'Compassion' has its unintended consequences
In 2010, Panera Bread launched a nonprofit called Panera Cares, a set of stores around the U.S. operated on a "pay-what-you-can basis." The underlying assumption was that customers of means would pay more to support customers with less -- or even no -- money. The company opened five Panera Cares stores in St. Louis; Portland; Chicago; Dearborn, Michigan; and Boston. All had closed by February of this year.
Several articles and at least one business case have been published on the Panera Cares initiative, and different authors draw different conclusions. In Fast Company, for example, author Adele Peters characterizes the failure of Panera Cares as "a blow to the idea of conscious capitalism." Vox's assessment was more concrete: Patrons complained about the smell of unbathed homeless people in the stores, and employees were not qualified to handle behavioral problems and drug use in the bathrooms.
In the Journal of Business Ethics, business case writers Giana Eckhardt and Susan Dobscha mischaracterize customers' complaints but note that both "food secure" and "food insecure" patrons were unhappy with the Panera Cares experience. Some customers felt pressured to pay more than they felt they could. Others felt taken advantage of by "free riders." Those in need of free food felt profiled and singled out. And yet the authors claim that this was "not a managerial story of misguided execution."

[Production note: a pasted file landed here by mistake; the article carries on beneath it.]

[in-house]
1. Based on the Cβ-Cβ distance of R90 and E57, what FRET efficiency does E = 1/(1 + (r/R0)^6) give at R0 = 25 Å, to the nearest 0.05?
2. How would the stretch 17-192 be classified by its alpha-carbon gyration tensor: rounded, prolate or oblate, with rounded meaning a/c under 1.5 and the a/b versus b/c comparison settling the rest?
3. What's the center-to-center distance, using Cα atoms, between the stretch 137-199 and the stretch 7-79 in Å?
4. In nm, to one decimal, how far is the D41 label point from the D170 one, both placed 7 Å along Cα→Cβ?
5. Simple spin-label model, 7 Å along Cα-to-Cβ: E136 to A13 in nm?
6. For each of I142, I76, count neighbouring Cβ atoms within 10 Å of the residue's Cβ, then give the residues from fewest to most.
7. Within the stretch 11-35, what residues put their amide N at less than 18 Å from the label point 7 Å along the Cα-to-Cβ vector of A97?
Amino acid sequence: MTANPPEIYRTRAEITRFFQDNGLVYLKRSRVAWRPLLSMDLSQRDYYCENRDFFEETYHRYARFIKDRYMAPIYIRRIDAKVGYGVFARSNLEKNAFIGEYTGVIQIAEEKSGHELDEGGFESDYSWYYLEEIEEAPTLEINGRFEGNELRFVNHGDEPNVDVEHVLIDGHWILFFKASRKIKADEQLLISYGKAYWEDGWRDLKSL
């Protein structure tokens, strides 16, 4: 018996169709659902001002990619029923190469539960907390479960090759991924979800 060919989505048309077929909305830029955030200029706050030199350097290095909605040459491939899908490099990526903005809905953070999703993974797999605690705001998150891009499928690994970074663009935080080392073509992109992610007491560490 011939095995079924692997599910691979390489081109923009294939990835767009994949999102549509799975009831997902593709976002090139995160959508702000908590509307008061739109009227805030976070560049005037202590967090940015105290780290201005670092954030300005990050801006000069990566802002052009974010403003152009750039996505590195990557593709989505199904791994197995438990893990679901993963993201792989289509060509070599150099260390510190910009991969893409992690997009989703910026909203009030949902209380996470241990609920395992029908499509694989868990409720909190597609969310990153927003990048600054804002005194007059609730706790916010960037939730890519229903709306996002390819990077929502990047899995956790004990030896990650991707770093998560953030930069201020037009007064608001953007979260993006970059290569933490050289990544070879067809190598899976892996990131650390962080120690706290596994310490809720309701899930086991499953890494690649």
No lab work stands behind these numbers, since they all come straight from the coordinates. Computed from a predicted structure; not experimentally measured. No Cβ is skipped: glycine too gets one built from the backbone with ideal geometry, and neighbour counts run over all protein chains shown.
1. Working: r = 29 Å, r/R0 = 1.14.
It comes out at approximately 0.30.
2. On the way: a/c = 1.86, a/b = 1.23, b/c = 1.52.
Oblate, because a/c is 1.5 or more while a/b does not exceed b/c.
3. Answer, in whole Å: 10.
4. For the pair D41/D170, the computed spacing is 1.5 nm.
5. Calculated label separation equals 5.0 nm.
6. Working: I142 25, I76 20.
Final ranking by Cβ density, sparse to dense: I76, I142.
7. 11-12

To the contrary, that's exactly what it was.
Those of us who teach entrepreneurship could have seen this coming -- a textbook case of a business model based upon untested assumptions and "expert-centric" versus "user-centric" thinking. Panera CEO Robert Shaich launched Panera Cares based upon what he thought people would do. Had Shaich opened one Panera Cares store, tested his assumptions and adapted the venture on the basis of what he learned, he could have avoided multiplying those same issues in every Panera Cares store around the country and potentially even ended up with a successful venture. As it is, the entire venture failed; Shaich is disillusioned; and those studying the experiment are drawing false conclusions about humanity and capitalism.
Panera Cares was run by a private company, so after losing enough money, all of the stores were forced to close. But what goes awry in the private sector often goes awry in public sector as well. The critical difference is that public sector failures are almost inevitably attributed to a lack of money. "We just need to raise taxes!" the response goes.
That is a horrific error. Public policies constructed on failing assumptions will collapse just as surely as private companies will. Much more money will have been thrown away, and -- perhaps most distressing -- the underlying problem will not have been solved.
Homelessness in California is a perfect example.
Michael Shellenberger, an energy and environmental writer for Forbes, published a brutally honest and frankly shocking article just three weeks ago. According to Shellenberger, progressives (and he counts himself among them) bear much of the blame. "What happened in California isn't the first time that we progressives let our idealism get the better of us," he says.
He continues: "How did things get so bad in California? The state has long prided itself on being humanistic and innovative. It is home to some of the world's largest public health philanthropies, best hospitals, and most progressive policies on mental health and drug addiction. The Democrats have a supermajority. What went wrong?